“Given how many times Vivian Gornick has elaborated on the faults of her 1977 oral history, The Romance of American Communism, I feel a little unsophisticated for finding it so compelling. The things she has said of the book—that it is ‘strangely over-written’ and that there is a tendency to romanticise—are true. Everyone should have someone in their lives who looks at them the way Gornick looks at her former communists … This isn’t a book about dangerous revolutionaries or what a communist America might actually have looked like – it isn’t even exactly about politics. Instead it is about people whom Gornick regards as ‘honest dissenters,’ and how communism made them feel. As such, it is far from complete as a history of American communism but it is a fascinating and enlightening contribution to one … Some of the most potent recollections are of the desperate and degrading poverty that formed the background to communist activism. In this, the book is partly a history of one country’s failure to acknowledge, or even exist for great swathes of its population … Most brilliantly evoked, however, is the exhilaration of conversion and the soul-expanding experience of finding a cause. Even in her self-flagellating new introduction, Gornick doesn’t disavow her admiration for her subjects. Their lives, she tells us, were ‘impassioned by an ideal of social justice … irradiated by a kind of expressiveness that made them feel brilliantly centred. This centredness glowed in the dark: it was what made them beautiful, well spoken and often heroic.’ ”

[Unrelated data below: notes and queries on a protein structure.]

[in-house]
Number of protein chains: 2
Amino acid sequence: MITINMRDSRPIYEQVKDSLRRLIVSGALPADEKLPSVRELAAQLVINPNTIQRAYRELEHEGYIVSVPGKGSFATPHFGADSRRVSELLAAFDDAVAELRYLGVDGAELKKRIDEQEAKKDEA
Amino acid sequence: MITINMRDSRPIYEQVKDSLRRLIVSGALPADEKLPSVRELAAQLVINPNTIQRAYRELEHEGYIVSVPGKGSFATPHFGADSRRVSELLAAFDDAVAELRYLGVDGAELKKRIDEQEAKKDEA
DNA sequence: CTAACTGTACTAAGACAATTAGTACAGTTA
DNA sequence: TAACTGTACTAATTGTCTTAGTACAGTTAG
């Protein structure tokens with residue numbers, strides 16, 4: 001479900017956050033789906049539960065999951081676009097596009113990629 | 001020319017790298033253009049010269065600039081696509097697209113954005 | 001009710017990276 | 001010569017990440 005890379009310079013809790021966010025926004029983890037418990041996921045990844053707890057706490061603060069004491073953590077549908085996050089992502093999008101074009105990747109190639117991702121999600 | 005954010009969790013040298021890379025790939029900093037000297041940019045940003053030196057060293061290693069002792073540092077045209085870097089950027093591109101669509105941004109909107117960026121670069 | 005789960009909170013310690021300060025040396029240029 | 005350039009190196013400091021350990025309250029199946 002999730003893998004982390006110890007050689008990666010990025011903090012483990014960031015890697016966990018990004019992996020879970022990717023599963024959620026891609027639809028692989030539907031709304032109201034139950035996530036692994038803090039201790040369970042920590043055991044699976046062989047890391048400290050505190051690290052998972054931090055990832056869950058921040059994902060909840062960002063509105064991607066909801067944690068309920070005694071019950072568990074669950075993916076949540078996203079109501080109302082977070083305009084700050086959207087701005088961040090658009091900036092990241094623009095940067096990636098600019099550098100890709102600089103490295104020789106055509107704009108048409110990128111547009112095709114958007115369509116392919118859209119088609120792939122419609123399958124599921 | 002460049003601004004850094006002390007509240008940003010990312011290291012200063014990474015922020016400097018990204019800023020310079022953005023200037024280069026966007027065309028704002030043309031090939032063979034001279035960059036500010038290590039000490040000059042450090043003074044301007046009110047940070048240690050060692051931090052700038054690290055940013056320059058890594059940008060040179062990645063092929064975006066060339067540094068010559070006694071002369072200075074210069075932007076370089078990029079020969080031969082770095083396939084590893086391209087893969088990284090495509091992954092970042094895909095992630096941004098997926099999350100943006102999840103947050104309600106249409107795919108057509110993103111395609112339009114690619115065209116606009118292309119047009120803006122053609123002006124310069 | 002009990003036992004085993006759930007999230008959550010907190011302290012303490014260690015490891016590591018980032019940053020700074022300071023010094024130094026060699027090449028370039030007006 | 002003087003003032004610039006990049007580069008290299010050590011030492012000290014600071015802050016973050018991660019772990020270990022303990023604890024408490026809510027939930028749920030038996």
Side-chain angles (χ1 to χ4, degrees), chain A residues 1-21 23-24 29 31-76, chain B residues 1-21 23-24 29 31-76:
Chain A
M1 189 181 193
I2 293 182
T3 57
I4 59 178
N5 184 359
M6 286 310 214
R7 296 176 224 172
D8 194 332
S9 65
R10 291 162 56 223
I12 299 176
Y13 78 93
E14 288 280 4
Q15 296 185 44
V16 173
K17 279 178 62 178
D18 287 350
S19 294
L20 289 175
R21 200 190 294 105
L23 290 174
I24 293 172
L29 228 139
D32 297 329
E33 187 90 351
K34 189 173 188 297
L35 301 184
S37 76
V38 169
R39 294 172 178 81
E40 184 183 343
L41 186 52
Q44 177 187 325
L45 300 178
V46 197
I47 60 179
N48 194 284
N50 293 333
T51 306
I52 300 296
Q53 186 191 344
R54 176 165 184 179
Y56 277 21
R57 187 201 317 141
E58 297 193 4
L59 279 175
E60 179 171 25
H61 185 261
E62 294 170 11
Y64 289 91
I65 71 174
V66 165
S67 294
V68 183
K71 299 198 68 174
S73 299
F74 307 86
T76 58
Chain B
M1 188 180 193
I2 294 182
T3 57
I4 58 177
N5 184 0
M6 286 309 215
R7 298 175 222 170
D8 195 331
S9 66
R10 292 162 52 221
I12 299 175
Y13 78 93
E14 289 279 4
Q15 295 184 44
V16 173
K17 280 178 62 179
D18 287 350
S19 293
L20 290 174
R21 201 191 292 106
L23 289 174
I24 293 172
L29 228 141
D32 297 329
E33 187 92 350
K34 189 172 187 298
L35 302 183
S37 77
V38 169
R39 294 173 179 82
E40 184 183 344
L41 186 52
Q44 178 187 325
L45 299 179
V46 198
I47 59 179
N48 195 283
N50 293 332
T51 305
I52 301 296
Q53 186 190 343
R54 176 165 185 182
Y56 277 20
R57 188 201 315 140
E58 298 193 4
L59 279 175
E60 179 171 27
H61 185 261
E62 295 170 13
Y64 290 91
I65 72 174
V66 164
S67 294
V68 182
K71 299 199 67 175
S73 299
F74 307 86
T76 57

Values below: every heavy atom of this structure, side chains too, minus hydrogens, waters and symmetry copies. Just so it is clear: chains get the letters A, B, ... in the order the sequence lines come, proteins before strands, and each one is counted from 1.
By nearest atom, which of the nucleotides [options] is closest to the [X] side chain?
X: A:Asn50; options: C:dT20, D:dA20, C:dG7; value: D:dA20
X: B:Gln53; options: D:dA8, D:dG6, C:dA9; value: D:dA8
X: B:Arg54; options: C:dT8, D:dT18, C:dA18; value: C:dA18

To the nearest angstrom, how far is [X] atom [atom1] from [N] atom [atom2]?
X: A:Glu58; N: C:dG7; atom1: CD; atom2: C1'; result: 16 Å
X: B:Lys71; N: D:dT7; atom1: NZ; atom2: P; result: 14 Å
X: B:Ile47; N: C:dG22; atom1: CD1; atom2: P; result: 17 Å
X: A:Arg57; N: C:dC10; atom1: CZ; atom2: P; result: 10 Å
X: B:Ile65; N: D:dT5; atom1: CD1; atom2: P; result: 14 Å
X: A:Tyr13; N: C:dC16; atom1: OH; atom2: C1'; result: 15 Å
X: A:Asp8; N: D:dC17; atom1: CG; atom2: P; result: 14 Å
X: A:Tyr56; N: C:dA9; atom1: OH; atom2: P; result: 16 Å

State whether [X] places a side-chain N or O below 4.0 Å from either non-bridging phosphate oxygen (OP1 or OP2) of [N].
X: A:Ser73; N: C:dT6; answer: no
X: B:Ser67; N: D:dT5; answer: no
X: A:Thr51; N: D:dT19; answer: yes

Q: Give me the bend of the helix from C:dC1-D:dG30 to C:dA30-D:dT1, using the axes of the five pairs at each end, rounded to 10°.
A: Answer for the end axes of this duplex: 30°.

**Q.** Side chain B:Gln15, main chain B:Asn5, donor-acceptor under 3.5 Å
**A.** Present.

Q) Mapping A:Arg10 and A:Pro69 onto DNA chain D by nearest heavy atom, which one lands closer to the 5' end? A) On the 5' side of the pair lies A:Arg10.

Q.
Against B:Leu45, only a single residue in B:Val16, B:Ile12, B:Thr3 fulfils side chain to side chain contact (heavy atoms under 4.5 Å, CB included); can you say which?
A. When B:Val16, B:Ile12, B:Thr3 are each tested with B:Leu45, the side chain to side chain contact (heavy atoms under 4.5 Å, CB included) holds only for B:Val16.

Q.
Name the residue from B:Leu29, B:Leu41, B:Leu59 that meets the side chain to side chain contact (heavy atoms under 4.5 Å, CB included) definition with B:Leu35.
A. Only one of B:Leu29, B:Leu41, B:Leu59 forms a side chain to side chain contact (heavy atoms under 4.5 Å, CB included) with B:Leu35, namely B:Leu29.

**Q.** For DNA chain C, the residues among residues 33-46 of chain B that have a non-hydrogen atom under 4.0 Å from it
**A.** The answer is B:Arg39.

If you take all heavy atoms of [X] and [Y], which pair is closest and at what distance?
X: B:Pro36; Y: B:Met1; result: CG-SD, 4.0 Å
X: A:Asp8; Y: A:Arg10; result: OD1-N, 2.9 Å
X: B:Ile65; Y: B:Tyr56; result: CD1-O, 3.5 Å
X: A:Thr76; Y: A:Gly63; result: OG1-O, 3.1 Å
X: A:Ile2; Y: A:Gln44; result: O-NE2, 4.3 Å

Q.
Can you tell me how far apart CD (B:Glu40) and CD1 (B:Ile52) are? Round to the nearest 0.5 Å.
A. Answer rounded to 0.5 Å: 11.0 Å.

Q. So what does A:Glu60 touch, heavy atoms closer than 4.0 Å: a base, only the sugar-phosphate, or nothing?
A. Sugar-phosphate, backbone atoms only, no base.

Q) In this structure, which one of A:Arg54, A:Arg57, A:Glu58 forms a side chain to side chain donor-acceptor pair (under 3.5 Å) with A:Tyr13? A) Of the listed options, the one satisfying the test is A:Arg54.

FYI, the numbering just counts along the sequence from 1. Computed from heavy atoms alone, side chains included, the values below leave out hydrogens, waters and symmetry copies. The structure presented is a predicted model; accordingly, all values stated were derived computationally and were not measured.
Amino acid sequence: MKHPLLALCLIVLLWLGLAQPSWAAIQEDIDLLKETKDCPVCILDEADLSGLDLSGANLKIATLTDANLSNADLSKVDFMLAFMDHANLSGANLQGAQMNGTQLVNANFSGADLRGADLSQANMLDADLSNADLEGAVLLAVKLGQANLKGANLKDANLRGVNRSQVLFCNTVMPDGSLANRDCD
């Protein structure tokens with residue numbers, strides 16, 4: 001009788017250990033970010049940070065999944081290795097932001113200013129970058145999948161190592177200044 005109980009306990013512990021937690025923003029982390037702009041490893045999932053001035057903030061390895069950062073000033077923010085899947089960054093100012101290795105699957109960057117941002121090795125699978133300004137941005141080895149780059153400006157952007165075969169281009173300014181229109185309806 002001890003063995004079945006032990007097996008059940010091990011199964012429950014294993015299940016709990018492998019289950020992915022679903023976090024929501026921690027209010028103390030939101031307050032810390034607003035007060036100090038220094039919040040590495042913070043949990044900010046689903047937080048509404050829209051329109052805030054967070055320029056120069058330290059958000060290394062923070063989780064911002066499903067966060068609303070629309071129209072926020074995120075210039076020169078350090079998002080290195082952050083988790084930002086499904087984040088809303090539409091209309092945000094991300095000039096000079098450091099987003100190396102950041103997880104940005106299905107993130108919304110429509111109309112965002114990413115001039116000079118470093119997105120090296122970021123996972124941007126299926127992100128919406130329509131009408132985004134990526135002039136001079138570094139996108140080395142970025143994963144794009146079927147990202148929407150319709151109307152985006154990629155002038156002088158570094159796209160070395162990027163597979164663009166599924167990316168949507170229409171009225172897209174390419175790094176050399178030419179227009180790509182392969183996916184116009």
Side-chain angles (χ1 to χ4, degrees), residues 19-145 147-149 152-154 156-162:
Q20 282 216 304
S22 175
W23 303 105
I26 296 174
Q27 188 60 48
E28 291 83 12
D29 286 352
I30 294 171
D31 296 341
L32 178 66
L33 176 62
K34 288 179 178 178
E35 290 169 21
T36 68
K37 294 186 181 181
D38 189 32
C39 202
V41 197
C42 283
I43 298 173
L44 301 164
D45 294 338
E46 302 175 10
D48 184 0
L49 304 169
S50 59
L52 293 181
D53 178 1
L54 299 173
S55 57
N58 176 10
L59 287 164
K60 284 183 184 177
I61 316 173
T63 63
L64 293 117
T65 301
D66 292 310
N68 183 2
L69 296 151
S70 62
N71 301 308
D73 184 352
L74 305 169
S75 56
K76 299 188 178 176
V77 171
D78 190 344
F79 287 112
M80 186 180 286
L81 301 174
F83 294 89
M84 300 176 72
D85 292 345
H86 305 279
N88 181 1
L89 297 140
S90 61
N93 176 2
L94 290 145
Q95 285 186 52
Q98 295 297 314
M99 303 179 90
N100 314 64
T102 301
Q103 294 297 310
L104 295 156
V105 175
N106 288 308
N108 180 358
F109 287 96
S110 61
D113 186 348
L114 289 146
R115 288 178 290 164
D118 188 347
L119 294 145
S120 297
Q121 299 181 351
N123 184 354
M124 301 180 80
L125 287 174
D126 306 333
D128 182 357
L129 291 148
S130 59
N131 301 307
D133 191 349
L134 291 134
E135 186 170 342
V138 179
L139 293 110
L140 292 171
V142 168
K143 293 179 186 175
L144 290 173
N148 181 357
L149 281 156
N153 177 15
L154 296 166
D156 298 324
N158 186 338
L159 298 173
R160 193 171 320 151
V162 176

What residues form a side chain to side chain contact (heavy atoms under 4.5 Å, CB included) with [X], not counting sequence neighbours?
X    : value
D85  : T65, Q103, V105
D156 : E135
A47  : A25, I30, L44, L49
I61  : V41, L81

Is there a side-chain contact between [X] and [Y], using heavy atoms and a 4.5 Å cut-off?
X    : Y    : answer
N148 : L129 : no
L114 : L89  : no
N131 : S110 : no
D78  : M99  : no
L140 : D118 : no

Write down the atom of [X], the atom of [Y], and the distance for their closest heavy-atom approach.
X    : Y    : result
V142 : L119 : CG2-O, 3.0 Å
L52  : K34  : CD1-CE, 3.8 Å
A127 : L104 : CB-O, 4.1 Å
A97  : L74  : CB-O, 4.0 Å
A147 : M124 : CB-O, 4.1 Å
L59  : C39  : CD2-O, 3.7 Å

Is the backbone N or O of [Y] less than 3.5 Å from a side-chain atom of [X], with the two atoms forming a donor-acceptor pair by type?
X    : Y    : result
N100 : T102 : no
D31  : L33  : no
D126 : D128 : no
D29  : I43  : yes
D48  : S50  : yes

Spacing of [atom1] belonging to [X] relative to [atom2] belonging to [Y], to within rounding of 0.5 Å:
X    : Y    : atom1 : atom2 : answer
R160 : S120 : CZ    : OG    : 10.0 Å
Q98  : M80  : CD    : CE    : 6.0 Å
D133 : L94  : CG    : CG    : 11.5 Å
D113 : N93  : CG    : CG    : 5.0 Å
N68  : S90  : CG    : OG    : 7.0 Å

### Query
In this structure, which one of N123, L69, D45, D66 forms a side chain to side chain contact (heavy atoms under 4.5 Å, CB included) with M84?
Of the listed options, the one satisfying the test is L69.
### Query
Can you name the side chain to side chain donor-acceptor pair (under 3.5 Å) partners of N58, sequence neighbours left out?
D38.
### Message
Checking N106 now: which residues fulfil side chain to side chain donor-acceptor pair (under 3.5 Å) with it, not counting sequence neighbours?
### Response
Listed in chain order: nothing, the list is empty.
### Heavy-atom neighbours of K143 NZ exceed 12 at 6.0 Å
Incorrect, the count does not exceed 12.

“It’s also the mark of a certain kind of writer, who, as if possessing a vestigial memory of that freedom, rebels against the straitjacket of ordinary syntax in hopes of returning to that place of spaciousness, unclouded perception and play. Think of Lewis Carroll’s forensic interest in nonsense, Gertrude Stein’s or Beckett’s experimentation with repetition and baby talk. Our most ecstatic modern practitioner might be Wayne Koestenbaum, the polymathic poet and essayist. (He’s also a painter and pianist.) His work—rueful, cerebral, gloriously smutty—includes trance poetry and automatic writing … The chief charges against Koestenbaum are frivolity, prurience and self-indulgence (‘masturbatory’ is the word that comes up repeatedly). To which he’d respond, I’d hazard, with a cheery: Guilty! ‘Pervert’ is his signal noun and verb. His great and singular appeal is this fealty to his own desire and imagination. If his excesses irk, it might be useful to wonder where and how you acquired your limits in the first place—’figure it out,’ as the title enjoins … There is a feeling of watching a writer so allergic to cliché now interrogating his own moves, annotating his own clichés with diligent, affectionate exasperation. Figuring it out, after all, is a life sentence.”